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Whitepaper | May 2008

Critical data, like file system related information, license data, and potential content data bases – all meta- data – ought to reside in a zone with full error recovery procedures (ERP).

Audio data, which is rather sensitive to so called glitches, ought to be treated with medium error recovery, still guaranteeing the fairly low data rates typically involved.

Standard definition video content might be best served by applying short ERP before the HDD needs to respond, while high definition content might require even tighter limits to be set.

Read Continuous for 3.5-inch CinemaStar

R e a d C o n t i n u o u s m o d e i s c o n t r o l l e d b y a c o n fi g u r a t i o n fl a g , w h i c h d e t e r m i n e s t h e H D D s e r r o r r e c o v e r behavior. In ‘Read Continuous’ mode (flag = 1) the drive will attempt to read exact data from all sectors ad- dressed by a particular command within the defined time limit. Should individual sectors require exces- sive time to recover exact data, a best eort will be made to recover all stable data bits while applying only ECC-based correction to the remaining bits. ECC stands for Error Correction Codes generated by the hard disk drive for every data sector upon the original write operation for later use in read operation. If no time limit has been set, the ‘Read Continuous’ flag triggers the drive to deliver ECC corrected data without delay. y

In the standard operating mode (flag = 0), the drive will apply the defined command turn around time limit only. Should the full recovery of all sectors not be possible within the limit, the associated command is aborted and an error flag is set by the drive, leaving it to the host to determine whether to retry the last com- mand or to skip to the next frames in the case of a video sequence.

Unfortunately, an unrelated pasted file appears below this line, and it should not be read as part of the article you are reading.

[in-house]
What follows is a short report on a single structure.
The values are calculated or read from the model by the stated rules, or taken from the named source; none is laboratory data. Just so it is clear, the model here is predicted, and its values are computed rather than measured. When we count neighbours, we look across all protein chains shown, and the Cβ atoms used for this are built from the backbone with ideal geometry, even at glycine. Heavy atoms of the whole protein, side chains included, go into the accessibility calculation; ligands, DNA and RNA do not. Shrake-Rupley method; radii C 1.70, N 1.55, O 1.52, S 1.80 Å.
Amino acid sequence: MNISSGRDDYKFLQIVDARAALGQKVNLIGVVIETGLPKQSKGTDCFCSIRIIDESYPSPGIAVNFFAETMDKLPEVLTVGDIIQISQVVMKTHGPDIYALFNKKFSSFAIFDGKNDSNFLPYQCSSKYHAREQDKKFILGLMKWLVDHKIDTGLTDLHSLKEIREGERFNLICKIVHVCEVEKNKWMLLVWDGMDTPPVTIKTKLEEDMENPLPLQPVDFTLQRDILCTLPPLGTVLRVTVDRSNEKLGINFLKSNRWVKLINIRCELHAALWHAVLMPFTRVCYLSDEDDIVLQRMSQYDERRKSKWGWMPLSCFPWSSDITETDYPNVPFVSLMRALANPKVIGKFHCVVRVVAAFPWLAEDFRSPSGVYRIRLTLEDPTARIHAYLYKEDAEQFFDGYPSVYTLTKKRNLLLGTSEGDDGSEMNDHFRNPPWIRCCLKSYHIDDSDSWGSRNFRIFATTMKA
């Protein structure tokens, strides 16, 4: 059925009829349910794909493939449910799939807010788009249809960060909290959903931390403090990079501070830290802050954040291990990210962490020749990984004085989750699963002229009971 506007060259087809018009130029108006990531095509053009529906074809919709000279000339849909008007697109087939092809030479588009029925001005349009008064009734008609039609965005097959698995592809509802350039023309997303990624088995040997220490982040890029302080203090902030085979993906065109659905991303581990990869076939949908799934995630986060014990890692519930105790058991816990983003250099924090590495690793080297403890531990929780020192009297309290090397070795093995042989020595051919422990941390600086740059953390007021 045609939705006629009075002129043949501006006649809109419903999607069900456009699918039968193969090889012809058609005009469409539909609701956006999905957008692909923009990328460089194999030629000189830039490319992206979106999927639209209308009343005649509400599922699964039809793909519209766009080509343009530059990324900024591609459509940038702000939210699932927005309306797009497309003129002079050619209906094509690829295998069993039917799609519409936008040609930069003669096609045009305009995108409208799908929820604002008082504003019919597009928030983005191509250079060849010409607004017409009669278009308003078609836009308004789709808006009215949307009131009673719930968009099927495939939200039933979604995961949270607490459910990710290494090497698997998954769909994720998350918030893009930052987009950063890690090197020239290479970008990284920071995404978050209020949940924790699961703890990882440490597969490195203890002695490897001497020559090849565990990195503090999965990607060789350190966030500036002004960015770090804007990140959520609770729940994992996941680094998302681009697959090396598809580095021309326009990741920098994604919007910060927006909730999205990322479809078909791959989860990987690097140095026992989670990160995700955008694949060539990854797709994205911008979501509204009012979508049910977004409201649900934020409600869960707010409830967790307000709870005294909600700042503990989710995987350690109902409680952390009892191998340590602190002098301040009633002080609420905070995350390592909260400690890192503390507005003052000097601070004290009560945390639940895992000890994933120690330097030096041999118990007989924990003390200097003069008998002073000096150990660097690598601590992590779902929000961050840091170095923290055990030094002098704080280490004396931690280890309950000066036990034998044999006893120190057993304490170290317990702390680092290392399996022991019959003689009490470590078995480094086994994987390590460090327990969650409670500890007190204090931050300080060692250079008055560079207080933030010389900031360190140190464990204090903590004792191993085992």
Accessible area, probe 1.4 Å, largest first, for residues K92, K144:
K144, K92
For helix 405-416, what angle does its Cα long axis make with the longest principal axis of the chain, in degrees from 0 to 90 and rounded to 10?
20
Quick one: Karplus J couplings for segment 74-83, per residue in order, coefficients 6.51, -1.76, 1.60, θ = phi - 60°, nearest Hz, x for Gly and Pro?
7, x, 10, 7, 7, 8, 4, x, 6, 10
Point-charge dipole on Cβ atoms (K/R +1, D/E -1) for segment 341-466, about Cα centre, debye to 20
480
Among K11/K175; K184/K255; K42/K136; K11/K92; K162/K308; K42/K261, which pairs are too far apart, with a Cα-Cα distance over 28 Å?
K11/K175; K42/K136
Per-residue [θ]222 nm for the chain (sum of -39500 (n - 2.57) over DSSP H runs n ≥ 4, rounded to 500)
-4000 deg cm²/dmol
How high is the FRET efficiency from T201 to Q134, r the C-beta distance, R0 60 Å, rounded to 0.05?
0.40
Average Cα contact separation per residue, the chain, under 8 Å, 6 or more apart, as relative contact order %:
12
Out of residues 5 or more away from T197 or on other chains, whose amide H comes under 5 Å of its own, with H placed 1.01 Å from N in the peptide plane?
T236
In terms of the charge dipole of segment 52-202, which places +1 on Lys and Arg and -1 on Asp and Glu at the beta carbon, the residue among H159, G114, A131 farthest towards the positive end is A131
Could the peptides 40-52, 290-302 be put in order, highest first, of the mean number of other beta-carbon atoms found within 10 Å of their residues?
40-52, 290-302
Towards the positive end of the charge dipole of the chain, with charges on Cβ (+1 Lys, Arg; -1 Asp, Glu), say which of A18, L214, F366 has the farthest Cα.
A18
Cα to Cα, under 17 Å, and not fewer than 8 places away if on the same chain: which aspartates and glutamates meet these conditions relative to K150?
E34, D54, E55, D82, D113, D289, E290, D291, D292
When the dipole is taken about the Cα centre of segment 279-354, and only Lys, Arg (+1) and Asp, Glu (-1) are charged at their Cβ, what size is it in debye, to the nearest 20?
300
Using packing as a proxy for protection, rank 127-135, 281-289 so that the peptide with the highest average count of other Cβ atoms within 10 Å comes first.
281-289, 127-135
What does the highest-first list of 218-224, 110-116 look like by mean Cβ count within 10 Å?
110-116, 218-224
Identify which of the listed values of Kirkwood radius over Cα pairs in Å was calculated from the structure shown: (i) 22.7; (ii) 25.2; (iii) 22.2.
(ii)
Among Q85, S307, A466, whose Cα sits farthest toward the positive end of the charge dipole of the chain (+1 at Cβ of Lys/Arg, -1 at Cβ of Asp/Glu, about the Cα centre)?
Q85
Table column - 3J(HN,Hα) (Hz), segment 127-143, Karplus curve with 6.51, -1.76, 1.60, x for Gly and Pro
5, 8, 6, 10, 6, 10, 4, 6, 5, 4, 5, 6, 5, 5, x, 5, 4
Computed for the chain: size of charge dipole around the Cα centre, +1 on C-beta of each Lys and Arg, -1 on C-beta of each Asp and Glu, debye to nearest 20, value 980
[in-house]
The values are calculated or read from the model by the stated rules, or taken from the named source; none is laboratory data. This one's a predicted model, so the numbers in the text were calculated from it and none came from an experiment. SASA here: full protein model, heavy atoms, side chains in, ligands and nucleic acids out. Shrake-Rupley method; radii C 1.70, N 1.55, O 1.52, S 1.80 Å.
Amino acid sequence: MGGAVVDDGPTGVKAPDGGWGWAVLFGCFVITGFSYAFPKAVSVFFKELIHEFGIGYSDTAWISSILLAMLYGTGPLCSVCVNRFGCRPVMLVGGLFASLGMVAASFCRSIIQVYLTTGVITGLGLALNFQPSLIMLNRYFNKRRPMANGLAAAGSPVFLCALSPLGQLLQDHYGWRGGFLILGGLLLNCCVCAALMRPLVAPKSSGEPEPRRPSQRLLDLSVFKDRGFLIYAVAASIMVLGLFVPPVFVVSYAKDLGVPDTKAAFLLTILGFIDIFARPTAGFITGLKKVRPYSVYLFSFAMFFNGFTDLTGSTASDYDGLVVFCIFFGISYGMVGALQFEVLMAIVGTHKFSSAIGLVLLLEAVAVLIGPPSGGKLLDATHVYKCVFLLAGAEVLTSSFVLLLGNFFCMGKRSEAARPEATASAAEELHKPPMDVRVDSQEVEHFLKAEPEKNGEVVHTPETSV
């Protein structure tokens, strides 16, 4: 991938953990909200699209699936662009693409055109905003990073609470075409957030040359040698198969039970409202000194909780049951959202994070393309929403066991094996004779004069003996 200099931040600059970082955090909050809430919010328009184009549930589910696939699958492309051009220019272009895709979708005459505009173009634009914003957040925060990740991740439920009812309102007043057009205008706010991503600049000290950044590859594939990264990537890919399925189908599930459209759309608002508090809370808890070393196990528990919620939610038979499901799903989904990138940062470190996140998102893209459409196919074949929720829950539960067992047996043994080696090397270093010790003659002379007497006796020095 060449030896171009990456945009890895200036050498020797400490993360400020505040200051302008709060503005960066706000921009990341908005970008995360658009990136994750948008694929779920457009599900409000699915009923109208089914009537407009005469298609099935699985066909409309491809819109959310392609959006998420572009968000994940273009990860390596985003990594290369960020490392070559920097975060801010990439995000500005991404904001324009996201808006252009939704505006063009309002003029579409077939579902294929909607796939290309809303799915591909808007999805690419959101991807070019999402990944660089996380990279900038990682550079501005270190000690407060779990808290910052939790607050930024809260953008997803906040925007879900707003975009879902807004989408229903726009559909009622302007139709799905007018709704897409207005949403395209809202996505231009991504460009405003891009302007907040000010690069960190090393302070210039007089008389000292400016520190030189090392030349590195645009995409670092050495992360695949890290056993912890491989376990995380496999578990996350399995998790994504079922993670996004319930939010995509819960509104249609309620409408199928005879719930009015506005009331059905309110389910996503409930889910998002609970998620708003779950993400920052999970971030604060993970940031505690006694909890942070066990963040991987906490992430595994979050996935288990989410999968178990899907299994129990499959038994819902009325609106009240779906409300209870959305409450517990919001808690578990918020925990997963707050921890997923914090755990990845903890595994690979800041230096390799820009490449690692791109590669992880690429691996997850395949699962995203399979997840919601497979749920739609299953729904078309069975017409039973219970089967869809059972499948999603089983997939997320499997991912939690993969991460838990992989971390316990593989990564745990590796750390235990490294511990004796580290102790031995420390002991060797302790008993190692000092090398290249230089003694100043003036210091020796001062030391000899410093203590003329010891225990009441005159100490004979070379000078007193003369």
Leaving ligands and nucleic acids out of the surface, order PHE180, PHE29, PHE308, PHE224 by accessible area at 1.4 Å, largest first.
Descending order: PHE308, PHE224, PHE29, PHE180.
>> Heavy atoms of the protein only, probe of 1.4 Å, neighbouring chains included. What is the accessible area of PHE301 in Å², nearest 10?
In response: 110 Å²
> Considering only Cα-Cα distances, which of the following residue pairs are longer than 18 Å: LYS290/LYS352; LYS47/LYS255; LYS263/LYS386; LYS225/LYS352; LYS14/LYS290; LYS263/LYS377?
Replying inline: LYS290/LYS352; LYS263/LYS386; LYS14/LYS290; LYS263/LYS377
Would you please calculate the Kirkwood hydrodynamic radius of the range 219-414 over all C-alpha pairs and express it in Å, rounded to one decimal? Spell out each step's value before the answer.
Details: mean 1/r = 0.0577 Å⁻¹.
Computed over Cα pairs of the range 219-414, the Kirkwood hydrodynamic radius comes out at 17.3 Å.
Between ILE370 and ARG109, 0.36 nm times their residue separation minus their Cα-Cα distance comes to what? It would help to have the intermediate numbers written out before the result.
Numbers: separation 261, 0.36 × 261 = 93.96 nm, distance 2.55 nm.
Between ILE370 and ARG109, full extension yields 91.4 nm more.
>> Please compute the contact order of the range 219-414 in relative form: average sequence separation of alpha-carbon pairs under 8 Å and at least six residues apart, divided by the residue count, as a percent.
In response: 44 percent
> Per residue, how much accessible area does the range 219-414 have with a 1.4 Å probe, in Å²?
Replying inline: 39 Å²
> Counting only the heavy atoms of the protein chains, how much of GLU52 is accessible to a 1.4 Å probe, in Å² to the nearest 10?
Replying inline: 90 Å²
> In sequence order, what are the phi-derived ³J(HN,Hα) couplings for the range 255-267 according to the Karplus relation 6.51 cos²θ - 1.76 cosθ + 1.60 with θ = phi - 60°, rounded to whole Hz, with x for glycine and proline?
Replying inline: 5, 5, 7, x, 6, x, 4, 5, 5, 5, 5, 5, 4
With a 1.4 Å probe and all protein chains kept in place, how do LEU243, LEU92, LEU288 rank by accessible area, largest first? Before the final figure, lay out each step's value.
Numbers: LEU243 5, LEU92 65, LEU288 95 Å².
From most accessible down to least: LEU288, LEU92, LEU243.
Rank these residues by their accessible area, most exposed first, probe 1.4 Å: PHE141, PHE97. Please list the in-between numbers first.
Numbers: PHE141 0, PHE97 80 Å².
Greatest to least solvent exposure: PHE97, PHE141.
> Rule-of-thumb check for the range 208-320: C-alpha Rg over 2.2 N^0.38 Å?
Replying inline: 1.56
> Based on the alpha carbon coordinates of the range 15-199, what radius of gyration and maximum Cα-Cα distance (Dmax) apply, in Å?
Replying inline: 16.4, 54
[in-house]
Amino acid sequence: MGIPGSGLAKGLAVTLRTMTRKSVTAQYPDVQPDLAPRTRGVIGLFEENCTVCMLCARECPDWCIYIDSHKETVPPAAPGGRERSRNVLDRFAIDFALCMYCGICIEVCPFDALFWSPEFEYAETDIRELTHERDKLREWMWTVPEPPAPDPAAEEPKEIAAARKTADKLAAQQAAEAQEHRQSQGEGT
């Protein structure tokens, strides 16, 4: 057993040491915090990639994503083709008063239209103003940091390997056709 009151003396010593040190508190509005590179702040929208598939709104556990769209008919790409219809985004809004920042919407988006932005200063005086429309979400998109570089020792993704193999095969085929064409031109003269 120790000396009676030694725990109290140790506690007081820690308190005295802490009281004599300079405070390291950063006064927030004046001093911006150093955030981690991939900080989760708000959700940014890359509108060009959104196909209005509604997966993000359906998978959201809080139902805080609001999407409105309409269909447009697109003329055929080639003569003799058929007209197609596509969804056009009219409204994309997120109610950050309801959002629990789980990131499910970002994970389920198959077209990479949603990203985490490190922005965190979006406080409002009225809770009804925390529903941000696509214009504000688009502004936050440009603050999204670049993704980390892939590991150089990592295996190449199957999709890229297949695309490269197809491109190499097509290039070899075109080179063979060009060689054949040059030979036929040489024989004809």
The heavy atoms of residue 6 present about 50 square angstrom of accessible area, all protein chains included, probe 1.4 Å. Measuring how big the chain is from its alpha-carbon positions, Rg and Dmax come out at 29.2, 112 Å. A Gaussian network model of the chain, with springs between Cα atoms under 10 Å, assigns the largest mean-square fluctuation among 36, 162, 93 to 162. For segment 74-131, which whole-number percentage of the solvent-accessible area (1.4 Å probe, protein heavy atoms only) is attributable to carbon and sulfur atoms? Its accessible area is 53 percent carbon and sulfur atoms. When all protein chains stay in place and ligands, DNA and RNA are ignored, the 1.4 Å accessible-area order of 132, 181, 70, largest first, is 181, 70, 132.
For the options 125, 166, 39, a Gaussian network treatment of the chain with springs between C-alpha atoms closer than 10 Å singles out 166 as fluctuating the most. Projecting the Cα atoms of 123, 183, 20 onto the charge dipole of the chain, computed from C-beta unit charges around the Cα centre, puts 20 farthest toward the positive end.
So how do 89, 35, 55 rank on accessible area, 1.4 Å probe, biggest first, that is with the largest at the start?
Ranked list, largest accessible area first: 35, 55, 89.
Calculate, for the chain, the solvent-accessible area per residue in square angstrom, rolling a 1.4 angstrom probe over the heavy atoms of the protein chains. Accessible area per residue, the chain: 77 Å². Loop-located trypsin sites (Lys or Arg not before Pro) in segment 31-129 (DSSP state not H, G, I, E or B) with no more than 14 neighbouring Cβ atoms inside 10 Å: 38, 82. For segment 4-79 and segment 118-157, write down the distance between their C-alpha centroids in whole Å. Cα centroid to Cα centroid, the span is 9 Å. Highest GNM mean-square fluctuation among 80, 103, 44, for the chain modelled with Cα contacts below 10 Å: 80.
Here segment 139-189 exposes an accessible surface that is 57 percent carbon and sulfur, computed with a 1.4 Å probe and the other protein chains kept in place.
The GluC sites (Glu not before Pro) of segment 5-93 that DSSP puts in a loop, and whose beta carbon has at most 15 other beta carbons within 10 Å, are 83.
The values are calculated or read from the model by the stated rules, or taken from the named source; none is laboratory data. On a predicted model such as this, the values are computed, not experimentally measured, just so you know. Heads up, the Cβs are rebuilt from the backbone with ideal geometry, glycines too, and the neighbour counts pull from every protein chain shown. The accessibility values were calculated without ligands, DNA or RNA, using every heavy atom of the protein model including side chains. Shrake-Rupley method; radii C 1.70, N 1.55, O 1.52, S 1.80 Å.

The AV-Zoning and Read Continuous features are not yet implemented in the 2.5-inch CinemaStar C5K320.

Media Maintenance for 2.5- & 3.5-inch CinemaStar

HDD design was originally driven by IT-type applications and associated data access patterns to be execut- ed. In order to make these drives suitable for continuous streaming operations, potentially working around the clock, HGST has developed a number of functions to ensure that individual components don’t wear out prematurely.

One critical area is the protective lubrication layer on the media surface that could get displaced if a data head was flying over the same tracks continuously, as a result of repeated or low data rate playback, for instance. CinemaStar drives will therefore utilize the time between access commands to actively reposition their data heads.

Over an extended period, frequent AV content re-fresh operations, as we find in Set Top Boxes (STB) operating 24x7 can have a negative impact on static data residing right next to those tracks recording movie

after movie. HGST studied this phenomenon carefully before engaging with the world’s set top box makers and has implemented protective measures, keeping static data safe beyond hundreds of thousands of recordings.

For maximum protection during transport and idle modes, HGST equips all drives with a load/unload mechanism, moving the heads away from the data carrying medium. This prevents mechanical contact and avoids the associated damage to the media. CinemaStar drives employ the same mechanism with modified operating algorithms to prevent excessive sound generation and potential wear-out from unnecessary head unload operations, which could otherwise be triggered by low activity tasks, e.g, a low bandwidth audio down-load.

CE Features of the Second Generation CinemaStar Hard Disk Drives



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